What is gonorrhea?
How many people in San Francisco have it?
Why worry about gonorrhea?
If you are HIV- but have gonorrhea, the disease-fighting cells of your immune system are especially susceptible to HIV if you have unprotected sex with an HIV-infected partner. Rectal gonorrhea increases the risk of contracting HIV by ten to twenty times.
In about 1% of people with untreated gonorrhea, the infection can spread beyond the genital area to the bloodstream, skin, heart or joints. This is called Disseminated Gonococcal Infection (DGI). Symptoms include fever, multiple skin lesions, arthritis, infection of the inner lining of the heart, and meningitis. DGI can be treated with antibiotics.
PID (pelvic inflammatory disease), a serious pelvic infection in women, is a more common result of untreated gonorrhea. In PID, the bacteria move from the vagina up through the cervix and into the uterus, fallopian tubes and ovaries. Blockage and scarring can damage the tubes, making a woman who conceives more likely to have a tubal pregnancy. Left untreated, PID can cause infertility. Untreated gonorrhea can also cause chronic menstrual problems, postpartum endometritis, urinary tract infections, miscarriage, and cervical discharge.
Men with untreated gonorrhea can occasionally develop epididymitis, a painful infection of the testicles. Untreated gonorrheal infections can also cause inflammation of the prostate and urethral scarring, sometimes leading to infertility.
What are the symptoms?
Men who have gonorrhea in the penis or anal area may experience a discharge from the head of the penis or the anus; pain or itching of the head of the penis; swelling of the penis or testicles; pain and/or burning upon urination; frequent urination; anal or rectal itching; white anal discharge; and/or pain during bowel movements.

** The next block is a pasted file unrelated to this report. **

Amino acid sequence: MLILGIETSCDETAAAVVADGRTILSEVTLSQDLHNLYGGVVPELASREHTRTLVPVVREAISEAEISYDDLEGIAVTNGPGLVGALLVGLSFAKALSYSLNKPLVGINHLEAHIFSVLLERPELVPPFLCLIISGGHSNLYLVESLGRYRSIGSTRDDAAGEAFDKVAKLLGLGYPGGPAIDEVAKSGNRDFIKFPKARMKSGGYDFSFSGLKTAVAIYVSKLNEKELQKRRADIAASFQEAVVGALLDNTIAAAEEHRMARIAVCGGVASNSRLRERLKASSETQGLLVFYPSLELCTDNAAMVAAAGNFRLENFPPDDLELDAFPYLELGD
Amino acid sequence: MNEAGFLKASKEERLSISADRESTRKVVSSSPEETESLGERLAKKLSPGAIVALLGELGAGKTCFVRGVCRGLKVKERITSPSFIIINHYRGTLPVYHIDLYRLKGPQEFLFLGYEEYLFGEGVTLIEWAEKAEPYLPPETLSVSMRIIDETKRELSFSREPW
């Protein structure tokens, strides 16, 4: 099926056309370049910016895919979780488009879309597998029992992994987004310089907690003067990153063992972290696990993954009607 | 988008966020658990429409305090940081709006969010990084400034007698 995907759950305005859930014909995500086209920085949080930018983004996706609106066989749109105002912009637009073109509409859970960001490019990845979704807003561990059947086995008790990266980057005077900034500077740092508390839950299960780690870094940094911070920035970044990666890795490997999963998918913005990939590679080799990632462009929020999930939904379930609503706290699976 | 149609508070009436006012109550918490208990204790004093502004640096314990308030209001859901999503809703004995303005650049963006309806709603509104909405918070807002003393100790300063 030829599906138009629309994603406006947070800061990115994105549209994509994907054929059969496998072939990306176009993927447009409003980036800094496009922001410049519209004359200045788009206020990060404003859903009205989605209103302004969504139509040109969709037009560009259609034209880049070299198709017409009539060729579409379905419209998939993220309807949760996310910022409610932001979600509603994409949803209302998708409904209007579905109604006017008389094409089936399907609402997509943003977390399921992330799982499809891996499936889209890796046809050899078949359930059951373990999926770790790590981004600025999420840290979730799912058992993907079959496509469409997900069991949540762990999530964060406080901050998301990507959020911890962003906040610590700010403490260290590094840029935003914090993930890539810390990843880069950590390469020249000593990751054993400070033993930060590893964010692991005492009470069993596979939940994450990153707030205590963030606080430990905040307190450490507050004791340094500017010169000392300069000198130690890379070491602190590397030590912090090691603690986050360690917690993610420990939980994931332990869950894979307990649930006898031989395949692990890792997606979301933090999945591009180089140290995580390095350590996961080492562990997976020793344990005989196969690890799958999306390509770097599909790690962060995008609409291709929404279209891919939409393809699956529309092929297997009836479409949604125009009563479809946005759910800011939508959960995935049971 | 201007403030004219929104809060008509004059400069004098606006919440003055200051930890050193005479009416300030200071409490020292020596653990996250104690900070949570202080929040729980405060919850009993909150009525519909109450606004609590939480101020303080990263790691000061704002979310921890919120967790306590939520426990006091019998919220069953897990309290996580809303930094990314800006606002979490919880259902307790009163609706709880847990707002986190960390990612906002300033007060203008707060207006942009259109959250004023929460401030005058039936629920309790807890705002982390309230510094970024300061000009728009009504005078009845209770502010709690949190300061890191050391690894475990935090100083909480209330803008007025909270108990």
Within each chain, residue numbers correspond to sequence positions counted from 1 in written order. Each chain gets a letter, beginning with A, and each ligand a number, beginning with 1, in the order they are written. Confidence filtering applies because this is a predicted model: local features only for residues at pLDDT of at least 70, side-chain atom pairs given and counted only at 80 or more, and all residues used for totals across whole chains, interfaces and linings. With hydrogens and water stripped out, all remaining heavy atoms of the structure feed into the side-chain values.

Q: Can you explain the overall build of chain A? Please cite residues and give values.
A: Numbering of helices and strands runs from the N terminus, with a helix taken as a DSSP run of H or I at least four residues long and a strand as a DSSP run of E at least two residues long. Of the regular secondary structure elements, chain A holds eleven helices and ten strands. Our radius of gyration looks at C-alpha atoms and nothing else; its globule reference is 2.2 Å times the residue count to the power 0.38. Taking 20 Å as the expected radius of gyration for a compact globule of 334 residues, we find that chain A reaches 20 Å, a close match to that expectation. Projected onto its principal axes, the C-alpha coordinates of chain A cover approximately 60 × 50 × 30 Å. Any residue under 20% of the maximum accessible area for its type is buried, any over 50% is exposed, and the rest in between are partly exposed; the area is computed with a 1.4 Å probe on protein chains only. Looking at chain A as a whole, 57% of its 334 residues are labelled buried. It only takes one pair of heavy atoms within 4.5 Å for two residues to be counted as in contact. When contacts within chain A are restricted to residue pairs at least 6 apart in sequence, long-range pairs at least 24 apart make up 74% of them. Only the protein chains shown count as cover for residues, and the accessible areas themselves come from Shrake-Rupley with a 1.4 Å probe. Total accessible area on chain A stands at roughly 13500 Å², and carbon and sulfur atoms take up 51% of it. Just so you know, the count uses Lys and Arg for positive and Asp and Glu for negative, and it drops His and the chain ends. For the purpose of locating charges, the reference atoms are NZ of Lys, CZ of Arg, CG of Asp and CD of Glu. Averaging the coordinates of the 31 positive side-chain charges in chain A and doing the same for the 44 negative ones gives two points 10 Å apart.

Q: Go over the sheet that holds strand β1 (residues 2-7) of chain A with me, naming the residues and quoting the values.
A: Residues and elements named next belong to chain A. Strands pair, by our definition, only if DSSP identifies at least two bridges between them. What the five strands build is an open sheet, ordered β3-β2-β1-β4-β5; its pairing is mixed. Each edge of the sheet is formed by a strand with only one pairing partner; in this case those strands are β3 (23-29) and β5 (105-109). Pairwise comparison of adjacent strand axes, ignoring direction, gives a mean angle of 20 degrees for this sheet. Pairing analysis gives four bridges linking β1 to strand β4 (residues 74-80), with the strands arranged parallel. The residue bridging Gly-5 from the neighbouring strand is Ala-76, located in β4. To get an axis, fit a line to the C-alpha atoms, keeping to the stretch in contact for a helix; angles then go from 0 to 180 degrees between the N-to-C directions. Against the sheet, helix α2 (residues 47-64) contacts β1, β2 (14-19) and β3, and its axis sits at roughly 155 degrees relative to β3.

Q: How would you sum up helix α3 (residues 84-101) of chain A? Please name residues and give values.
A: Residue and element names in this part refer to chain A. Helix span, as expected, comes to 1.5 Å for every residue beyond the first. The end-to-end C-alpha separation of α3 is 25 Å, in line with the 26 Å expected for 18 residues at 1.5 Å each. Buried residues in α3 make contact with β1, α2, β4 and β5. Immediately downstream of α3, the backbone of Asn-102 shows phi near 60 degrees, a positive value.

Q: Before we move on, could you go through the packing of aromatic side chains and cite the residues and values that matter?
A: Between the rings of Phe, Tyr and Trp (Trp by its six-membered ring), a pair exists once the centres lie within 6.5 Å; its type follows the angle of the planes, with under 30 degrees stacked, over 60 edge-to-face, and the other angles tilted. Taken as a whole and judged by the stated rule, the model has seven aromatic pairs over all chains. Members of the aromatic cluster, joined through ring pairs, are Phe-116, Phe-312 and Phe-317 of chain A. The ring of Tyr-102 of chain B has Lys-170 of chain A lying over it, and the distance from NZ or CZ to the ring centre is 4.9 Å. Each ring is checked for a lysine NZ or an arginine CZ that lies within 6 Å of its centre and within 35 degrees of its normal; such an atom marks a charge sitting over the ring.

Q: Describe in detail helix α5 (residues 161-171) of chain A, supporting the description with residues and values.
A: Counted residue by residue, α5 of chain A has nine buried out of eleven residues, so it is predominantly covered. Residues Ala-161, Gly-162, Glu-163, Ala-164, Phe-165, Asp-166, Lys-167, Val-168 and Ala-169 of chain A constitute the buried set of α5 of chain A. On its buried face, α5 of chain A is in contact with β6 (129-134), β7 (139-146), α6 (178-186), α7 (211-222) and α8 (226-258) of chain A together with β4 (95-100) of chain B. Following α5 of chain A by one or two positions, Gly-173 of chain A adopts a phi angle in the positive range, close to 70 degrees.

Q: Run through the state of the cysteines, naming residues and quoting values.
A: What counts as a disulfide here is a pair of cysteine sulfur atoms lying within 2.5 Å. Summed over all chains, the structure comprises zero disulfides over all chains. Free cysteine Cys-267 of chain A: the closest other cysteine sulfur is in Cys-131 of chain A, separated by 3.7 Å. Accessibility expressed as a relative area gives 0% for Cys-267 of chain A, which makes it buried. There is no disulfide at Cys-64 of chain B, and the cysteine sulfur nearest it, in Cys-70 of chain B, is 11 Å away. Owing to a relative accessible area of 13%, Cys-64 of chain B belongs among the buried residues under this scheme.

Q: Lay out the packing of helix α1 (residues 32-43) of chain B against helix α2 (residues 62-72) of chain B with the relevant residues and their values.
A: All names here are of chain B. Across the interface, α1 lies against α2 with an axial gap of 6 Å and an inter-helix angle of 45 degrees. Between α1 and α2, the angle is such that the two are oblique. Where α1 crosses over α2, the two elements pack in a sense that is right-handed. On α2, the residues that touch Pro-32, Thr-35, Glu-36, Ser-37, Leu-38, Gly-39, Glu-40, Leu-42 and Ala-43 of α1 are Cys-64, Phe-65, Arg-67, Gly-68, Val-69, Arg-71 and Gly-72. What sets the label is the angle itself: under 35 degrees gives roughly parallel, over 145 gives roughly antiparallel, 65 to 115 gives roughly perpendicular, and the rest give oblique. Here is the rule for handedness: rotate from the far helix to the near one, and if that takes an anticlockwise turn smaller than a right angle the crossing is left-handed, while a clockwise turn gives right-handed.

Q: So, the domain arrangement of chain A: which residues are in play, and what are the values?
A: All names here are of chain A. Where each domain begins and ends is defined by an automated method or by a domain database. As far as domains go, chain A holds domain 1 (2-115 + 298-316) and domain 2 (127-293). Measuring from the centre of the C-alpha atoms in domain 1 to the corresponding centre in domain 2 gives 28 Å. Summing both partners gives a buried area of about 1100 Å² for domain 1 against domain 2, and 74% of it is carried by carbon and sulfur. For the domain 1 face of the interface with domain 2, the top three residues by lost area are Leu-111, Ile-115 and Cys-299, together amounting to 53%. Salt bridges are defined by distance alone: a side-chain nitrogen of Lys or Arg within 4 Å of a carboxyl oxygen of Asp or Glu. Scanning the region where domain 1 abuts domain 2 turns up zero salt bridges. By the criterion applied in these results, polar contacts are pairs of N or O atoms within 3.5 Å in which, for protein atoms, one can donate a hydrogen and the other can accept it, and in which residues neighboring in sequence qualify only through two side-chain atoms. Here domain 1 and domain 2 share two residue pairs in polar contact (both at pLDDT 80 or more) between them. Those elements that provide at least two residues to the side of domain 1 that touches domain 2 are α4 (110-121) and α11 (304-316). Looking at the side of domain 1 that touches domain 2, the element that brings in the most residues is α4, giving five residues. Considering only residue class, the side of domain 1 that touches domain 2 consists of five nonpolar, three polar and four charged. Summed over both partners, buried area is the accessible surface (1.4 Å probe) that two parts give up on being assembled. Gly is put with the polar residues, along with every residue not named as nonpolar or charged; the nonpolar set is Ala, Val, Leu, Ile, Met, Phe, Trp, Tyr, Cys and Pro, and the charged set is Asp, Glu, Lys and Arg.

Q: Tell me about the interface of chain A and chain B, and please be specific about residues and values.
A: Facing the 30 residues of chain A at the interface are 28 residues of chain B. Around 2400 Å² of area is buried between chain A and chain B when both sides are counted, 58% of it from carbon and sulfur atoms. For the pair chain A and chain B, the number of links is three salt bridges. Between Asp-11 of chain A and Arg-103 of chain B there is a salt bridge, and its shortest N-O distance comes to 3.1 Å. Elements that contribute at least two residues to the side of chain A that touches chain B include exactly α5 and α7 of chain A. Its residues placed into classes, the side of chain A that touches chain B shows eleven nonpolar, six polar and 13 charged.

Women with gonorrhea may have a discharge from the vagina; lower abdominal pain, especially during or after sex; unusual bleeding with cramping; pain or burning with urination.
If you're infected with gonorrhea in the throat, there are usually no symptoms, except possibly a sore throat.
What is a gonorrhea test like?
How is gonorrhea treated?
What can I do if I have gonorrhea?
How do I avoid getting gonorrhea?
The only way to be 100% sure of eliminating your risk of contracting gonorrhea or other STDs is to abstain from sex. If you are sexually active, however, using condoms (male or female) for sexual activity is your best bet for protecting yourself. Since gonorrhea can be transmitted during oral sex, primarily mouth-to-penis or penis-to-mouth contact, it would be wise to use a condom when performing oral sex on a man or if you're a man, having oral sex performed on you. Also, we recommend regular STD checkups at least every six months if you're sexually active with more than one monogamous partner. Gonorrhea and other bacterial STDs are curable with proper diagnosis and treatment.
DR. K'S ADVICE
STD testing, diagnosis and treatment for all, regardless of income.